The Big Interview: Ollie Bird – Let the Music Play
The era of the showband. It was a golden age for singers and musicians; a time of plenty – at least when it came to finding work.
The era spans the 1950s, if not a little earlier, through to the 1980s. A few bands lingered longer, but the 1950s, ’60s, and’ 70s were showbands – and Ollie Bird was there, right in the middle. of it all, earning a living as a bassist with outfits such as The Firehouse, a showband led by Skryneman Jim Tobin.
“I remember we played at the National in Kilburn, we were only there in his second week. Norman Wisdom was there the first week, we were there the second. There were eight bars instead, bouncers from Kerry everywhere, lovely place, thousands of people there. What a place, ”he recalls.
“At that time, you were bringing 2,000 people to Beechmount (a venue in Navan, now demolished). It was one of the best venues in the area, we played there twice a year, every year, on Saint’s night. -Patrick and St. Stephen’s Night, two of the busiest nights of the year, packed to the brim. “
Ollie – who grew up in Alexandria, outside Navan and still lives there with his wife Kathleen – remembers the days when over 300 performing groups crisscrossed Ireland to fill church halls, marquees; all kinds of romance ballrooms in towns and villages.
Then, little by little, inexorably, everything started to change. The music has changed. Lifestyles have changed. The clubs came along and all of a sudden instead of a bunch the promoters and venue owners just needed to book a DJ and his records (invariably it was a man) and flashing lights.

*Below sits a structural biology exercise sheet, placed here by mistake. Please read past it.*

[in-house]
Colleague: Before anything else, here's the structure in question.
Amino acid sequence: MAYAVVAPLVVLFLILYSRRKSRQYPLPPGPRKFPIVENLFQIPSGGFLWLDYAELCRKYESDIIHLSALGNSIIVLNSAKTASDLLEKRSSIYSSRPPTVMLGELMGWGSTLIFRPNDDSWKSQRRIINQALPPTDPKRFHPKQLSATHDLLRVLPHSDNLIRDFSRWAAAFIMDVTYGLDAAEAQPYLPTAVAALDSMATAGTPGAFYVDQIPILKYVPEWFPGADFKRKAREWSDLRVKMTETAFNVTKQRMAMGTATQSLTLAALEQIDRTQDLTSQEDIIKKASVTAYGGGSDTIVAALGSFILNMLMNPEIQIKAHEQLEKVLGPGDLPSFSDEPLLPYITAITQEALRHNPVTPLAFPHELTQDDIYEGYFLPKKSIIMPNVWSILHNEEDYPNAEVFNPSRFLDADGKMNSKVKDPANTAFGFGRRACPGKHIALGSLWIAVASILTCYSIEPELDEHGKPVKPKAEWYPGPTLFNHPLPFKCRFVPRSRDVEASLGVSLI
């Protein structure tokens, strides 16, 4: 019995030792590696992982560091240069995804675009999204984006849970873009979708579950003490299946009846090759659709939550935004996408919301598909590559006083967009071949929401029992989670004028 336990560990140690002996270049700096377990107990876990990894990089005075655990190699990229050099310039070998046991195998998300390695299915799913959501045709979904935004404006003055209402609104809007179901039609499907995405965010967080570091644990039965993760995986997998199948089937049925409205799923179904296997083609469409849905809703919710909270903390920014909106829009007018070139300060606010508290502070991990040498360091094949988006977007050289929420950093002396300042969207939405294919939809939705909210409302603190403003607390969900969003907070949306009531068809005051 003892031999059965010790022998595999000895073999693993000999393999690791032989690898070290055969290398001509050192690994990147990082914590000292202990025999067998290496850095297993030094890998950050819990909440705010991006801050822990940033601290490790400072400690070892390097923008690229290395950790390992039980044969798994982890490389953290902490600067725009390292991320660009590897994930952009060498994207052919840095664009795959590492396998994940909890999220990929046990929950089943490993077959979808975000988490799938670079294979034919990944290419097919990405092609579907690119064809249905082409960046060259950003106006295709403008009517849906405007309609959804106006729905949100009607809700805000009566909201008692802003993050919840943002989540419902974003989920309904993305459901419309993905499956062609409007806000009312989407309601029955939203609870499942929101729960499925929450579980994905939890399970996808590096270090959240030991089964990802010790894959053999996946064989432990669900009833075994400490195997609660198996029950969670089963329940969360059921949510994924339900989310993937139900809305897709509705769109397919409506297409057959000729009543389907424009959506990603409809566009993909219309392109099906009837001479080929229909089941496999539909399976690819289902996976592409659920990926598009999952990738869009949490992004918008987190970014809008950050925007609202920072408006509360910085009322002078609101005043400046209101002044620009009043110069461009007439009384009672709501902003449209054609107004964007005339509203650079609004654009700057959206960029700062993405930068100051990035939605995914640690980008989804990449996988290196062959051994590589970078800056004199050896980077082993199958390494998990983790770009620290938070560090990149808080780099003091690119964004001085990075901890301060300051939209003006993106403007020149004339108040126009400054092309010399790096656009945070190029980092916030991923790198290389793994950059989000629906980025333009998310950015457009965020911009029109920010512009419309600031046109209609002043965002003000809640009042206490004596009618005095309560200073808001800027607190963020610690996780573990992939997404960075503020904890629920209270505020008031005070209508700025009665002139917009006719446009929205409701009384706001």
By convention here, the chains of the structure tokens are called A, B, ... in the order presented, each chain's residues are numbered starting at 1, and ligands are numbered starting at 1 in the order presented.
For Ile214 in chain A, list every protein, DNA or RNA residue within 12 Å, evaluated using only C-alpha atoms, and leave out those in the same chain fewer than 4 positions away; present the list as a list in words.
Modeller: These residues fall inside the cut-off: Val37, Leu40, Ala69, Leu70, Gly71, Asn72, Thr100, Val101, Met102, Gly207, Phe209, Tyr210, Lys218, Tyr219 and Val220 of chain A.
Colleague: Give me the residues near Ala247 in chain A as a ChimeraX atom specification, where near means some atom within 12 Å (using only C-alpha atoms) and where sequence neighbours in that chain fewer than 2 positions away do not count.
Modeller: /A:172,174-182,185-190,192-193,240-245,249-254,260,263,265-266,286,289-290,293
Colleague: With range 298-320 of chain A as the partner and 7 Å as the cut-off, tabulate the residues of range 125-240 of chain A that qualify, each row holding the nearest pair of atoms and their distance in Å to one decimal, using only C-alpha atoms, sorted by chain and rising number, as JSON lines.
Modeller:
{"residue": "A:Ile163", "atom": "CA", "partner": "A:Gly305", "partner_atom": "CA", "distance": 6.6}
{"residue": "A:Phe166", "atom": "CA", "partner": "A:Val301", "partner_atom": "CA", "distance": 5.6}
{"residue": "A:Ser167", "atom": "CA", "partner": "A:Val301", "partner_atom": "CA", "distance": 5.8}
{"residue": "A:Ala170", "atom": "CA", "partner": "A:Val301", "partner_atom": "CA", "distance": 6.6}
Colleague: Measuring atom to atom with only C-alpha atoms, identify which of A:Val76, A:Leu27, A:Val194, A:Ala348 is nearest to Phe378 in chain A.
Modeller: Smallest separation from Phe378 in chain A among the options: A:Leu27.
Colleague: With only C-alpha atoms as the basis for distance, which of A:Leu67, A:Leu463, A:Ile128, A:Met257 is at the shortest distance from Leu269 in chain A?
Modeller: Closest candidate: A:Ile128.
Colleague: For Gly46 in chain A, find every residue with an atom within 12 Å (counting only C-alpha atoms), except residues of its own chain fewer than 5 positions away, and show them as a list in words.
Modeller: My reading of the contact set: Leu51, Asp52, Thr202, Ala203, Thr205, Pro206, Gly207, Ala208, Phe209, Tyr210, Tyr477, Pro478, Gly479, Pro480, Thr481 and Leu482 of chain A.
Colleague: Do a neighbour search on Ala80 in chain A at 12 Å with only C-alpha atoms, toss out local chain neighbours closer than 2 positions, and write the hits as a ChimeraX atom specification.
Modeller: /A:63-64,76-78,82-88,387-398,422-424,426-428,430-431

“You started to see the crowds dwindling at dance halls and carnivals, although it didn’t happen very quickly, it was a gradual thing,” Ollie recalled when he called the Meath Chronicle office to ask. talk about his life and his time. About how he and The Firehouse have appeared on TV shows, mixed and mingled with some of the biggest names in showbusiness.
Outwardly it seemed like a glamorous world to be a part of, but there was also another side. In addition to the adulation, the applause, the glitzy costumes, there were the monotonous long journeys in smoky vans on bad roads along and the breath of Ireland.
“People would see you on stage for two hours and they would think, ‘Oh, you have a great life. But after the show you would get in a van and maybe have to travel five or six hours to get home. factory in Navan where she worked. I could then get up at three or four o’clock and leave for another concert before Kathleen comes home. Fair play, she was great, she understood the business, what was involved.
“With the travel the rest of it was a tough life, but don’t get me wrong it was lovely too and if you love music it can be a great life in so many ways. Every job has its downsides. . I’ve had more good days than bad days. “
In addition to the drafty capitals, crumbling old church halls, there were other real dangers to contend with. He remembers when, with the fire station, he put on a show in the west and a real tragedy was only narrowly avoided.
“Traveling at night the roads wouldn’t be as busy as they are now, there were no highways of course, but one night we were after playing in Galway, we had played 21 nights of sequel and we were from Salthill.The lead guitar for the band at the time was Larry Gallagher, a man from Donegal who was with The Firehouse for a while.
“He asked me if I wanted to drive, he had his girlfriend with him and he was sitting with her in the back. I must have fallen asleep. I woke up and saw this truck in front of me. It turned out that the truck was parked, it was on the other side of the road. I swerved, hit a rock wall, a few tires blew and we ended up halfway across the road.